Mission #9 - A Coy/RCR Campaign, Sicily to Ortona, Italy, 1943

tommyl

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Major Liddell needs to request better anti-tank support given the number of AFVs A company runs into each misson!
 

ChappyNS

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Major Liddell needs to request better anti-tank support given the number of AFVs A company runs into each misson!
Agreed!!!! It's bizarre, but missions 1-7 had zero vehicles, then suddenly mission 8 had four AFVs! And now early on we have another. I am hoping that the mud will come into play and immobilize that beast!
 

dlazov

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Secretly hoping for a platoon of Panthers with 5-4-8 riders and Maj. Hoch (9-2) come the rescuer...I mean aid... ?
 

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Have a great time and stay safe yourself. Look forward to more AARs.
 

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I am back from a fantastic 10 day motorcycle ride with friends...I have to detox now from the massive consumption of liquid bread :)

TURN 3 (GER)

The Germans commence with a "12" for weather, resulting in two things: wind gusts, and more importantly, heavy rain which now causes +1 hindrance from 1-6 hexes, +2 hindrance from 7-12 hexes, etc


14187



Maj Zoll was watching his company move to the southeast, following his latest orders, when the weather gods decided to drench them. Heavy gusts of wind combined with a sudden downpour made life miserable for the attackers, but it also had the blessing of making them more difficult to shoot at. Zoll noticed the elite squad rallied themselves and then dashed across the main road and into the wooden building. They drew fire from a Canadian MMG behind a stone wall, but the rounds impacted behind them. Simultaneously, the SPG was moving slowly down the road, mud clinging to its tracks and impeding its movement. Zoll looked behind him and noticed the tail end of his company arrive on the scene, and they too were moving southeast behind the cover provided them. His men were cold and very wet, and they were slip sliding in the mud, but they were free of Canadian bullets, at least for now.


TURN 3 (CDN)


14188



Sgt Metz was having a difficult time trying to rally his half squad. Once again he tried, but the soldiers threw down their weapons and fled the battlefield. He was hopeless to stop them as they disappeared into the heavy rain ("12" cas reduction)

Maj Liddell and A Coy were soaked to the bone. The chilling deluge had hit them suddenly and their lines of sight had deteriorated even more. He knew the Germans were trying to outflank him to the south and so he continued to push A Coy through the sparse woods to the south. It was going to be a race to see which side would gain the advantage in the hellhole mess of an Italian December day...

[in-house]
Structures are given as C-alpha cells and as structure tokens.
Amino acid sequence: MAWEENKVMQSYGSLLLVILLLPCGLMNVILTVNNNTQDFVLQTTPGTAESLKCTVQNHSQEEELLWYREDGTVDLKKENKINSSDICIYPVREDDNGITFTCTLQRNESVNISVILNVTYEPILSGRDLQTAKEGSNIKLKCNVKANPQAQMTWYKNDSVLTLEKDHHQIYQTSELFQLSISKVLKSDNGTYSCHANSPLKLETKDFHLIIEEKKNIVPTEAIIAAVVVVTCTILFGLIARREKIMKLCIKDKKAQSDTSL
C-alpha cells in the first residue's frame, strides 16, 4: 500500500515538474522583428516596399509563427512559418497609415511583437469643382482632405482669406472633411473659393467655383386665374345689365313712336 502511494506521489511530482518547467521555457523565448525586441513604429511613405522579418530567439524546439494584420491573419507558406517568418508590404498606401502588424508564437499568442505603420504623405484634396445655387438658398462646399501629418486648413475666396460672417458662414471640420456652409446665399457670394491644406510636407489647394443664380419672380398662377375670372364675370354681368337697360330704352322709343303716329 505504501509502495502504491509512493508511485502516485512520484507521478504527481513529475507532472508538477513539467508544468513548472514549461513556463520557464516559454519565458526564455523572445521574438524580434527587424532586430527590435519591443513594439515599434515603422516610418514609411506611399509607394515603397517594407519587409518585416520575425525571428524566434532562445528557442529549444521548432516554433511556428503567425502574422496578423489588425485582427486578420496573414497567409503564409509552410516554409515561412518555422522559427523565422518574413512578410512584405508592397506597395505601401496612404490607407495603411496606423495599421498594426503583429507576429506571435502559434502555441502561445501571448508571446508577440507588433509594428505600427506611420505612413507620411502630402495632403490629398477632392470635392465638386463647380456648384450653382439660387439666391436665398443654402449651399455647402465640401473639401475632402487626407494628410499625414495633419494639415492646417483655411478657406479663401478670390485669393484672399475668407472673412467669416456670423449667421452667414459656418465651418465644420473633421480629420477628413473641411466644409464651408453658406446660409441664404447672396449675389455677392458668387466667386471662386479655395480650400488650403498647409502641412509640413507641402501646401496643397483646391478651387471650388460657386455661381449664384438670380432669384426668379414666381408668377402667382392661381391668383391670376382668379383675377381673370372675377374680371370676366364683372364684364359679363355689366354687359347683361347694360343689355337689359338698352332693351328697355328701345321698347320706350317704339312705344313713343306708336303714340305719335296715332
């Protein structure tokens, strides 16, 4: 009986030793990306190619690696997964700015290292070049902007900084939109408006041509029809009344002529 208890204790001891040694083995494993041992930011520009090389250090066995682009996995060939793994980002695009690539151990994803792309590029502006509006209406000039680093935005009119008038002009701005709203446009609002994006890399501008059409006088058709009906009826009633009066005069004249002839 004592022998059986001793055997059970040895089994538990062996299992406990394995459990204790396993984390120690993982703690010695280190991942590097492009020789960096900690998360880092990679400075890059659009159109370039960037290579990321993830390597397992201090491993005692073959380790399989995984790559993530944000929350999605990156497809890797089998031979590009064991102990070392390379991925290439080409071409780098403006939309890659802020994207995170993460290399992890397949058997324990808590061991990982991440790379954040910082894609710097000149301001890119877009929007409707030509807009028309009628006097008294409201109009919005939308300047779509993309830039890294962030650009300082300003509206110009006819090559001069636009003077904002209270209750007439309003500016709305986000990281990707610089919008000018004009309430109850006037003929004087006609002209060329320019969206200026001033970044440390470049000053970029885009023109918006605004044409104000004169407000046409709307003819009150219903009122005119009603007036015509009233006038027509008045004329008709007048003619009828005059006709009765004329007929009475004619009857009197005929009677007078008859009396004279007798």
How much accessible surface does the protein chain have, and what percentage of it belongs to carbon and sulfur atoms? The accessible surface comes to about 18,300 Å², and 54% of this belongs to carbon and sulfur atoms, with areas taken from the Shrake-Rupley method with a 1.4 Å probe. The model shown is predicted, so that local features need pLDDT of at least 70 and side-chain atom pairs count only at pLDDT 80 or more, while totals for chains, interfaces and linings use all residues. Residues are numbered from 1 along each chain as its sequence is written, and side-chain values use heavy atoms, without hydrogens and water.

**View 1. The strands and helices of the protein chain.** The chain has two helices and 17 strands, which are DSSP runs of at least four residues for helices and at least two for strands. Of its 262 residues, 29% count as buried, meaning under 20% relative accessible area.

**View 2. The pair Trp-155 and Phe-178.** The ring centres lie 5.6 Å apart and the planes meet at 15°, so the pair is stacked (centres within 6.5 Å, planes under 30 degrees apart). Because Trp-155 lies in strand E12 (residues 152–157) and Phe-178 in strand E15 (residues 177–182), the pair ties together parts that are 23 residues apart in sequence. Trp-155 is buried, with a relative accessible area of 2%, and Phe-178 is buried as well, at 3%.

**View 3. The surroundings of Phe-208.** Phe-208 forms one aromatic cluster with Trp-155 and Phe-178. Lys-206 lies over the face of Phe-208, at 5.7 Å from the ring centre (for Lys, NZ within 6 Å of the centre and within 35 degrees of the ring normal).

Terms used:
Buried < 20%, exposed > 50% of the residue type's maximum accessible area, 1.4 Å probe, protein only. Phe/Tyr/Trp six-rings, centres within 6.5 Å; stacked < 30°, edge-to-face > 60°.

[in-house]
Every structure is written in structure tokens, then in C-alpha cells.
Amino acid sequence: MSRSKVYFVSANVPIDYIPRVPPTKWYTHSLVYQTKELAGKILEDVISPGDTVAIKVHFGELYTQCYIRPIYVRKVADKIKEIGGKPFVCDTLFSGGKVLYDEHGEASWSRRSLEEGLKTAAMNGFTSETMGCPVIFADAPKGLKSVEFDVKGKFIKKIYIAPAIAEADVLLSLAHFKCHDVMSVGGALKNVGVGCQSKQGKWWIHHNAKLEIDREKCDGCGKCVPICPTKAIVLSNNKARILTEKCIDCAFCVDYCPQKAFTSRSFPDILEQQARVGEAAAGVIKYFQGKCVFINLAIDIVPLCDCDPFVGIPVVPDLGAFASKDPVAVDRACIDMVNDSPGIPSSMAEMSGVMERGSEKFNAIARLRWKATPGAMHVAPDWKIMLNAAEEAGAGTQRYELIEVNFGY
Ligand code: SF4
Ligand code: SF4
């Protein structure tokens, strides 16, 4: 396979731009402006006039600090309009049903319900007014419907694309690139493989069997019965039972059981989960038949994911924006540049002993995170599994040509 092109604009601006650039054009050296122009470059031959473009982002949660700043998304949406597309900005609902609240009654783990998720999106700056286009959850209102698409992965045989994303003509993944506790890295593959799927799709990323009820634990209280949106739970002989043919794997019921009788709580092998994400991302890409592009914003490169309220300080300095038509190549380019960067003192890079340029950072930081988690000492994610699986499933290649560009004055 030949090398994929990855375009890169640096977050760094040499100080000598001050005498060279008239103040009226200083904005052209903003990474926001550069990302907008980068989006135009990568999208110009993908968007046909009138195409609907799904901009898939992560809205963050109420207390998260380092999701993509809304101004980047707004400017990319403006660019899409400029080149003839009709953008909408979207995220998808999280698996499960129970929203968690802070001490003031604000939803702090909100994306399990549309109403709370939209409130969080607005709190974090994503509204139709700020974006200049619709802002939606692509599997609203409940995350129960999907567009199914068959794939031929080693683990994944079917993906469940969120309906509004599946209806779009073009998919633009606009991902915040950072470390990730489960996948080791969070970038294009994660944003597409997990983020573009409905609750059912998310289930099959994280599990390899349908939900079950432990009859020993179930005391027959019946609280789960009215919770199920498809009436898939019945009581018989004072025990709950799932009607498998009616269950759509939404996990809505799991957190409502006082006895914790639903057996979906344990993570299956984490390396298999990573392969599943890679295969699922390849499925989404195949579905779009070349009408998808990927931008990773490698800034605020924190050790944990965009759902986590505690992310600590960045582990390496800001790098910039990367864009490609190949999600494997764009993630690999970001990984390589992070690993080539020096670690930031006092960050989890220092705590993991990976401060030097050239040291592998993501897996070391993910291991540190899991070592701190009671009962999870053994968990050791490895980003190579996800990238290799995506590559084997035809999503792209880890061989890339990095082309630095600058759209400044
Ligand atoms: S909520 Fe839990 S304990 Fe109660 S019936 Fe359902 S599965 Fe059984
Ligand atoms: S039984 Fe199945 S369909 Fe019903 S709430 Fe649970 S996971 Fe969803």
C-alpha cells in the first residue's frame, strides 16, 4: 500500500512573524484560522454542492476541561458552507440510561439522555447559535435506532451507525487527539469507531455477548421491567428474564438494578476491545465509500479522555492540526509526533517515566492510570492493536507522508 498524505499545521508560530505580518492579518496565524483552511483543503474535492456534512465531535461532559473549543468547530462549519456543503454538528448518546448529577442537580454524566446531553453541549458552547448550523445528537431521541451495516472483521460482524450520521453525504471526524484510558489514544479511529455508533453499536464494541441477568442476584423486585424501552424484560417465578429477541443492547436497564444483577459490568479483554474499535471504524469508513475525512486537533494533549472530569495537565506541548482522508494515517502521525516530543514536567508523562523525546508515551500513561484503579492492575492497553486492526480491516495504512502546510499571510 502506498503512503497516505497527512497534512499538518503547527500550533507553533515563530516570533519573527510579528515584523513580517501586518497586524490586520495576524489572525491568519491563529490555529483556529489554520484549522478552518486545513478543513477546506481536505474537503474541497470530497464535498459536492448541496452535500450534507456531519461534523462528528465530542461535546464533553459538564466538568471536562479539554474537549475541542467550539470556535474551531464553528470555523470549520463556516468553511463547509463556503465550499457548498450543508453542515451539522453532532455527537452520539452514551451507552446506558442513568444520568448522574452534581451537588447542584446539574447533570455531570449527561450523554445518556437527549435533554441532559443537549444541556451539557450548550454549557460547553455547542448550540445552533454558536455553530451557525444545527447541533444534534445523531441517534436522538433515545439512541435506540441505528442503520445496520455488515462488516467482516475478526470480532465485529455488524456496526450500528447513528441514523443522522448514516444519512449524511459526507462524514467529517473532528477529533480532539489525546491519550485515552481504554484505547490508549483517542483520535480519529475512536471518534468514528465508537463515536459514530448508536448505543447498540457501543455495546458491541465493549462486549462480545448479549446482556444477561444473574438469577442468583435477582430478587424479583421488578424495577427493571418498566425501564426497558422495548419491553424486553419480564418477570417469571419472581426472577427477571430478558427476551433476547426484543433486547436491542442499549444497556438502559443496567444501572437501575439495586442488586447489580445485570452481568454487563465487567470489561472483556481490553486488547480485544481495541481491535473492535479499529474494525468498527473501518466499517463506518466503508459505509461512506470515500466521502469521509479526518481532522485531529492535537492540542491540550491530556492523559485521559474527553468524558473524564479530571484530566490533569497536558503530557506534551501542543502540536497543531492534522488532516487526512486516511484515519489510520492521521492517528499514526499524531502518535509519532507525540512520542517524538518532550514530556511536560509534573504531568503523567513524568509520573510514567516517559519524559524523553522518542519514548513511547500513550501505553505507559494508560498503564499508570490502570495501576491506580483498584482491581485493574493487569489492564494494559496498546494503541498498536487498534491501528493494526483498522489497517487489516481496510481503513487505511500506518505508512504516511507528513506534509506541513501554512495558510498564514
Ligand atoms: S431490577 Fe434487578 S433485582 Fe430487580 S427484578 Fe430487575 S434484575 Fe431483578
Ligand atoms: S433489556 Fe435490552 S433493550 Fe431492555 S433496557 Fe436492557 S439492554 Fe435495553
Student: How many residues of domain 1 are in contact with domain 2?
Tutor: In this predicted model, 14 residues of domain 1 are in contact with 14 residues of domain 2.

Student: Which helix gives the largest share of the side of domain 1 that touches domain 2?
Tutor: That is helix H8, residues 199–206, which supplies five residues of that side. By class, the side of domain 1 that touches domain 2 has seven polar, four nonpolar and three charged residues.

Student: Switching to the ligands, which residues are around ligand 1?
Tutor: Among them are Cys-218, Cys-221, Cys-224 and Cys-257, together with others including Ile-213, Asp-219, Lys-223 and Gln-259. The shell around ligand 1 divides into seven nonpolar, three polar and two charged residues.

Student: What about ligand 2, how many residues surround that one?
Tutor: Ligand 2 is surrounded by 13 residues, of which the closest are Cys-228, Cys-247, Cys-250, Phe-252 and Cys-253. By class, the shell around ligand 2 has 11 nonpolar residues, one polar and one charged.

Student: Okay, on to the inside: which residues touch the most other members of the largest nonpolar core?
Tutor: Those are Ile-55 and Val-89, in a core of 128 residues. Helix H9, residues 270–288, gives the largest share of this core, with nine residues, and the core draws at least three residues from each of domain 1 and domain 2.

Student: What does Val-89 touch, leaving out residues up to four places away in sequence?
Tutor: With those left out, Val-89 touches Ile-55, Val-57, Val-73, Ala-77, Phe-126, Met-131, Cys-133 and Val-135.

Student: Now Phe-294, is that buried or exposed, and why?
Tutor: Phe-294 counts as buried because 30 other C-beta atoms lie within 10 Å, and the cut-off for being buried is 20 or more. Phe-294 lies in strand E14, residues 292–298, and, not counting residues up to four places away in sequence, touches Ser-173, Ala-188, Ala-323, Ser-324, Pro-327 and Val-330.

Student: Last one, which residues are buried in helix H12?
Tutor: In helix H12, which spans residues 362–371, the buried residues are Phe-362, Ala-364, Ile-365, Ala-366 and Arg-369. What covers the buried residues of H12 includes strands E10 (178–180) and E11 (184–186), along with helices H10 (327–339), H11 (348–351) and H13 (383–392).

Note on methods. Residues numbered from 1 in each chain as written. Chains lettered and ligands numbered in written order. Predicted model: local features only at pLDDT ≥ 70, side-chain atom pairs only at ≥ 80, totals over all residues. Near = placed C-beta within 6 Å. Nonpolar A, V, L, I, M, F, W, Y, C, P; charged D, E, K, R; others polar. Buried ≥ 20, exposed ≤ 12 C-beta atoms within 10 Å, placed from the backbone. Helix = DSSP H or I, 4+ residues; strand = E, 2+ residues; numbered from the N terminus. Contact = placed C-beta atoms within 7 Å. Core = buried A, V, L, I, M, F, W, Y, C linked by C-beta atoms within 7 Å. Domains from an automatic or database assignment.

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TURN 4 (GER)

14208



The heavy rains and mist continued, and so did the Panzergrenadier company as they continued moving to outflank the Canadians; some soldiers were sliding, some fell, and others jumped over deep puddles. Maj Zoll was pleased with the advance so far - his men were cold and wet, but they were still alive and they had a river crossing to get to.


TURN 4 (CDN)


14210


With the slow approach of the SPG on the muddy road, Maj Liddell realized that he had to do something before the large gun of the vehicle was brought to bear on his company. Over the company radio net, Liddell ordered the platoons to detach their PIATs and deploy them where they could threaten the advance of the SPG. While this was done, A Coy continued to move slowly to the south.

Maj Zoll witnessed the Canadian PIATs move separately from their platoons and warned the SPG crew commander over the radio. Additionally, he directed the MG42 to fire at one of the anti-tank crews that was advancing towards the orchard, but the rounds impacted harmlessly behind them. Zoll cursed as he shivered uncontrollably in this most foul weather.
 

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TURN 5 (GER)


14222

The SPG advanced along the barely recognizable road, mud flying off the back end of it's tracks, when the crew noticed some Canadians nearby. The vehicle slid to a halt and the large gun was trained on the Canadians in the woods.

The panzer grenadier company continued it's slog southeast. Maj Zoll was running with the MG42 crew when .30 cal rounds began impacting all around them. Zoll was totally unnerved by this fire and ducked back into the trees while the MG42 crew went to ground. This was their only setback; the Germans kept up their unrelenting covered advance.


TURN 5 (CDN)

14223


CSM Sterlin watched as the MMG rounds narrowly missed the running MG42 crew. The enemy crew occupied the tiny copse of woods - Sterlin ordered the gun team to continue firing at them but the fire was ineffective.

Liddell and 1 Pl moved south into a small patch of trees. Suddenly he heard a loud blast as the SPG fired its main armament - a 150mm gun. The hair on his neck went up as the massive high explosive round sailed past him and exploded 100 meters away in a field. Whew, that was damned close! Liddell and his men occupied the wooden buildings, hoping that the SPG would lose sight of them. Note: the SPG rolled a "9" to hit, it's B#, and so it now suffers from low ammo